LEAN TECH: Smart Meters Not Smart Enough

By Published On: July 9, 2010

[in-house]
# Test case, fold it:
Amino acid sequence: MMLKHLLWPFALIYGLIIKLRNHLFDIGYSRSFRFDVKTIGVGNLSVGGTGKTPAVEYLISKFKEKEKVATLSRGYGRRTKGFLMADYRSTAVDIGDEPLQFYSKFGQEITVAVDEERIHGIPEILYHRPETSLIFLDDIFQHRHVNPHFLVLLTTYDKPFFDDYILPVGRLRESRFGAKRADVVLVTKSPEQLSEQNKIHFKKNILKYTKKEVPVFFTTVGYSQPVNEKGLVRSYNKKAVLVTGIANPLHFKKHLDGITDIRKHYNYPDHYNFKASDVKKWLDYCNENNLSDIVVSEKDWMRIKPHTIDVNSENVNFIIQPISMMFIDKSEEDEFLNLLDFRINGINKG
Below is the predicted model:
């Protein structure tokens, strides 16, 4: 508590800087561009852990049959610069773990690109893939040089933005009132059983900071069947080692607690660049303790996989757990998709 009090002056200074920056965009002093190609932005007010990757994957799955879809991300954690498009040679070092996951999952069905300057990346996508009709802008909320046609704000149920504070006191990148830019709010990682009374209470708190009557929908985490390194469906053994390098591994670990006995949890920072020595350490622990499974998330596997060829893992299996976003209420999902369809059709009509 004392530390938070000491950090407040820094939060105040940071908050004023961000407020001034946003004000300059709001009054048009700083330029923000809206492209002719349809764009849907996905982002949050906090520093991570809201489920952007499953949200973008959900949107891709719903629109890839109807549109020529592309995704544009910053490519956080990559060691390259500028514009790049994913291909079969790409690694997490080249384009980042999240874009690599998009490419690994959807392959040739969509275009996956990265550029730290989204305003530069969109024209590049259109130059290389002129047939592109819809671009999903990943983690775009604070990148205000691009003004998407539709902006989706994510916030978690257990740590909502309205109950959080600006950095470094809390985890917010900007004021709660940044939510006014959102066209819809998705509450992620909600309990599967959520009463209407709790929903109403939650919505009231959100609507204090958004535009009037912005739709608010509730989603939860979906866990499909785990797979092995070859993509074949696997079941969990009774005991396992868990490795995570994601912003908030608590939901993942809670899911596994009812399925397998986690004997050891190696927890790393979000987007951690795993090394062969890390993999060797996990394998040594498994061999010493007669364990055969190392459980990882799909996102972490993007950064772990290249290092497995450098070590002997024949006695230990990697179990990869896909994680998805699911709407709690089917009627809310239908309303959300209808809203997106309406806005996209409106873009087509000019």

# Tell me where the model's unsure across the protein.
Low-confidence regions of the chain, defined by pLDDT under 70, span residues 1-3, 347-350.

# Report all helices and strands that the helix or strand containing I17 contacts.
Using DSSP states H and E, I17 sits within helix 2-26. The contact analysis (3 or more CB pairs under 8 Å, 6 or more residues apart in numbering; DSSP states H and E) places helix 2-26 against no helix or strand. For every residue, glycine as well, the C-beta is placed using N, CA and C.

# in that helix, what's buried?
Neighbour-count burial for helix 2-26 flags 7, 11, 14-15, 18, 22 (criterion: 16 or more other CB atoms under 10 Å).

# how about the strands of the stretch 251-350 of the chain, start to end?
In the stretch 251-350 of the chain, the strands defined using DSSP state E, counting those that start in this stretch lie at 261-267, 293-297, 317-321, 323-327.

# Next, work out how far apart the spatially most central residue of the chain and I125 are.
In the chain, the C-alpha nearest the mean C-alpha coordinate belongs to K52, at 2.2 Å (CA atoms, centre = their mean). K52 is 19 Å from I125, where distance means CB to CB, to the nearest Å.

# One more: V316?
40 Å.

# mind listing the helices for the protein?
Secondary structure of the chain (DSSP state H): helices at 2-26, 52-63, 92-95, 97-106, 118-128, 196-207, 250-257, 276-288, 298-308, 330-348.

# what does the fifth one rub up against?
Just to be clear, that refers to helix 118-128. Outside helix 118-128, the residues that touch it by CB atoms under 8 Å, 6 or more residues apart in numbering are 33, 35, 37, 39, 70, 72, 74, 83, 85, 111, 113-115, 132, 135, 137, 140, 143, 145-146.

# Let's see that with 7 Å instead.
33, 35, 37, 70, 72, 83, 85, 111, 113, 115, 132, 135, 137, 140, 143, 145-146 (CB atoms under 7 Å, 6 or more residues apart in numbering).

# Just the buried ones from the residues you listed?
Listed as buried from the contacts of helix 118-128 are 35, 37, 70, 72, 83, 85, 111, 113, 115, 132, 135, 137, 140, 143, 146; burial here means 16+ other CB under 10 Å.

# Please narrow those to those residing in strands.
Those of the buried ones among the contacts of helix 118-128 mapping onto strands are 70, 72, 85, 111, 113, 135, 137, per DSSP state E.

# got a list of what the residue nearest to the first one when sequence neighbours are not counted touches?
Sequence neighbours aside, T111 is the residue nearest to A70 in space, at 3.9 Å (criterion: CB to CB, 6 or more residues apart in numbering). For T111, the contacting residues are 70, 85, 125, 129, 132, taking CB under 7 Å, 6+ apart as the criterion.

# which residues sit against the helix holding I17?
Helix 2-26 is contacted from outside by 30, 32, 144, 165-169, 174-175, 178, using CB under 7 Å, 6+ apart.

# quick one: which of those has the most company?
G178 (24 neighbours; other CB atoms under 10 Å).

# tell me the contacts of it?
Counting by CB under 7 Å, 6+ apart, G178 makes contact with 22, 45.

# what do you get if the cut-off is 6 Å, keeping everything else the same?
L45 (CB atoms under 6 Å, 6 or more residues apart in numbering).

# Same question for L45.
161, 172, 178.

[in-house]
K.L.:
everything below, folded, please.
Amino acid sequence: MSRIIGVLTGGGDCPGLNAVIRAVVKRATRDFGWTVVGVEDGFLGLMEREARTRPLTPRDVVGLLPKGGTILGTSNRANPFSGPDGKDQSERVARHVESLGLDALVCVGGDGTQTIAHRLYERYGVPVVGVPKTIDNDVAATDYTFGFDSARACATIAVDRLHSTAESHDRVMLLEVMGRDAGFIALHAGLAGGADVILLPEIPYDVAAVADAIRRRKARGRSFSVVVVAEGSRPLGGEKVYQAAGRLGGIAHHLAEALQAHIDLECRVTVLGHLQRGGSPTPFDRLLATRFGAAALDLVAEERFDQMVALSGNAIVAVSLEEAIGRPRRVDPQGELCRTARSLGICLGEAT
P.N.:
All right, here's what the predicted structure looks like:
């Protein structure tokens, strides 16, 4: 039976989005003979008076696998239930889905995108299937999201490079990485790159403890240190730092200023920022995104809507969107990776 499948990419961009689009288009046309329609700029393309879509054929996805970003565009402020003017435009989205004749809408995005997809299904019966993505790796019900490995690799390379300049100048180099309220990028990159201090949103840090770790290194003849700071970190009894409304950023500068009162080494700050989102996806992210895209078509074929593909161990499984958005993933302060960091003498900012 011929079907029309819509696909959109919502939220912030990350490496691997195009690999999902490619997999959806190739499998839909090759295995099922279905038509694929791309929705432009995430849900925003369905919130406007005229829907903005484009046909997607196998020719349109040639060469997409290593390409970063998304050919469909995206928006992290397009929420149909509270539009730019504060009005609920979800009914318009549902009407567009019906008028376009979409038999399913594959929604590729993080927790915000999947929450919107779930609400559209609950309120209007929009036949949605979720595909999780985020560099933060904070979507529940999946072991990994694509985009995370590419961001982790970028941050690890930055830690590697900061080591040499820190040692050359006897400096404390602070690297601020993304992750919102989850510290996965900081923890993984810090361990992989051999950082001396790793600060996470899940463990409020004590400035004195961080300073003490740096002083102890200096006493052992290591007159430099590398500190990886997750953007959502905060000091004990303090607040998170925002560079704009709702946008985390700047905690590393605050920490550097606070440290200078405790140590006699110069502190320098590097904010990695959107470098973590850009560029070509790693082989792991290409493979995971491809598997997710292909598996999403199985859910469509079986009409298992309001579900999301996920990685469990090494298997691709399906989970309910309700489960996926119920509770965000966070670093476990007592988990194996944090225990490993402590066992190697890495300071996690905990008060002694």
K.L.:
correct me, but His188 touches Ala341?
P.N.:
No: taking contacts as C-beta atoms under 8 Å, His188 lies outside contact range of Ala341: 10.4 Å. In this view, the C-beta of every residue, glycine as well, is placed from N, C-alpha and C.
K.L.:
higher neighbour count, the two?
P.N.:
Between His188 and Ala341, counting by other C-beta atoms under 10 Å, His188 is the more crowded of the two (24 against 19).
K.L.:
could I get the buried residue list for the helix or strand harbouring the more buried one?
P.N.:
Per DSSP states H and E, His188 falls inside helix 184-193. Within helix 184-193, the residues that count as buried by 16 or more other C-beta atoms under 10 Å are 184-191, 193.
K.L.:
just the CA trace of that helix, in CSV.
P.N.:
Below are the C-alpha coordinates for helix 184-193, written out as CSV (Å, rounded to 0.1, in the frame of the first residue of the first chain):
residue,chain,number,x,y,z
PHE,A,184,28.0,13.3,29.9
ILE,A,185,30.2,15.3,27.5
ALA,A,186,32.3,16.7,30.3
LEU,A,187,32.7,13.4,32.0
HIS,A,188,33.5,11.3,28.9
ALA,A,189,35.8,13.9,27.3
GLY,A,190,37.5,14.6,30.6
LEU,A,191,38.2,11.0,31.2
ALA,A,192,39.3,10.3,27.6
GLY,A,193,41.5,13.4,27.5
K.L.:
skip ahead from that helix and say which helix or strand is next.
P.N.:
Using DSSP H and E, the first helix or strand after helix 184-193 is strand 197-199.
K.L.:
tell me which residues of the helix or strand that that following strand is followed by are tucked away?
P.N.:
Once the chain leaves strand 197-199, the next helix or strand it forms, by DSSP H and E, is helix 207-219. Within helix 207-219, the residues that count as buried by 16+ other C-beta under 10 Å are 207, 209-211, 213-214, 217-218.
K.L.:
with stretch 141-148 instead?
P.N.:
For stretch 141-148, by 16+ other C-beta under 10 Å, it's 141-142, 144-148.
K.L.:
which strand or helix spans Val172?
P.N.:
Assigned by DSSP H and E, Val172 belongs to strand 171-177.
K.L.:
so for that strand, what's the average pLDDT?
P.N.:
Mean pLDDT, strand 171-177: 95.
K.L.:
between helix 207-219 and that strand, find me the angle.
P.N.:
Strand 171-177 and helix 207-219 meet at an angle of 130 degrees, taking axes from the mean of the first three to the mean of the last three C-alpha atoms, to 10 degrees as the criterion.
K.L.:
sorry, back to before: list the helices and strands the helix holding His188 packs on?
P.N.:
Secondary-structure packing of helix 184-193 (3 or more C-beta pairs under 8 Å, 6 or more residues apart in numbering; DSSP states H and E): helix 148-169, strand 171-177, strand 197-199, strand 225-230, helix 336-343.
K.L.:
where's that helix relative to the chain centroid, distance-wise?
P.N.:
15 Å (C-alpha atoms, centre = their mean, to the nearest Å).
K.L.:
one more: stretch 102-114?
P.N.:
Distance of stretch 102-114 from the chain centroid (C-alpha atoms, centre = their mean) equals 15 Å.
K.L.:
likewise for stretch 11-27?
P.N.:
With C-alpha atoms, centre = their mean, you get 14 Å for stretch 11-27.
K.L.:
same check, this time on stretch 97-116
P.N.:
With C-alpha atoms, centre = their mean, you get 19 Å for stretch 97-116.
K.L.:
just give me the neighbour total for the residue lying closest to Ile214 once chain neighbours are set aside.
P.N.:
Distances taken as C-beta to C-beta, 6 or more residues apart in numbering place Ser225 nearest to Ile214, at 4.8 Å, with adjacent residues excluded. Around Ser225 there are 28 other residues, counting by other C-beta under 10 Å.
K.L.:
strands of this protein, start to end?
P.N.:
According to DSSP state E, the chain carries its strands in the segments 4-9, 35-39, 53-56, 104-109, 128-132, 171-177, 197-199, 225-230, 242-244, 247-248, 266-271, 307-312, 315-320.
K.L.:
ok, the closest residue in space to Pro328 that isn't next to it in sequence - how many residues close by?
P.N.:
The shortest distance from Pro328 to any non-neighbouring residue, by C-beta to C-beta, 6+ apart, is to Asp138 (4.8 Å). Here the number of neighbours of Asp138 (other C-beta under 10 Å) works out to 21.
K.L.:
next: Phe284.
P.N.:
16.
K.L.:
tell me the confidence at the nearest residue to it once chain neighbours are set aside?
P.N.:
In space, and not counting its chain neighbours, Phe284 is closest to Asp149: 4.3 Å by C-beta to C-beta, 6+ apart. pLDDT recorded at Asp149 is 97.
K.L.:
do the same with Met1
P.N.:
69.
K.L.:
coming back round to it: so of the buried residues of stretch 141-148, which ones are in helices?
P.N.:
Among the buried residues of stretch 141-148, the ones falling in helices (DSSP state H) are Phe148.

California utilities have substantial ground to cover before their customers get full value out of smart meters now being installed in homes and businesses around the state, say a growing chorus of industry experts and observers. Smart meters offer utilities vast potential to engage their customers in energy efficiency and better management of the grid, a power industry leader told the California Public Utilities Commission June 30. The missing link is to create home area networks that allow the meters to control energy using devices, plus provide customers a way to view and use energy consumption and price information, explained Cree Edwards, eMeter board chair and founder. Edwards is among a growing number of observers pressing utilities to take the next step of customer engagement in the roll out of smart meters. Doing so will help fulfill the vision of regulators and utilities that the meters can serve as the centerpiece of a new energy management system. That includes minimizing need for new power plants and grid expansions to lower the energy system’s overall cost. Utilities’ focus to date largely has been on using smart meters to track energy use for billing purposes and turn power on and off remotely. The higher functions of allowing customers to monitor and manage their energy use and to remotely control energy using devices--especially during times of high demand--seems to remain largely a promising glimmer in the future. “As state governments and utility companies develop infrastructure and implementation strategies for smart grids and smart meters, it will be critically important for them to incorporate the voice of the customer in their plans,” according to Jeff Conklin, J.D. Power energy and utility senior director. Conklin was referring to a July 1 J.D. Power study showing that 28 percent of Californians--compared to fewer than one in six across the nation--have some awareness of smart meters. However, the study noted that awareness most effectively translates into satisfaction when customers can use smart meters to track and manage their energy consumption and cost. If used in that way, the meters could cut household energy use by 12 percent, according to a separate study released by the American Council for an Energy Efficient Economy late last month. “The bottom line here is very simple,” stated Skip Laitner, council economic and social analysis director. “Smart meters in and of themselves are just not smart enough to get the job done for consumers and our economy.” To make them truly smart, they must be of use to the customer, the study concluded.

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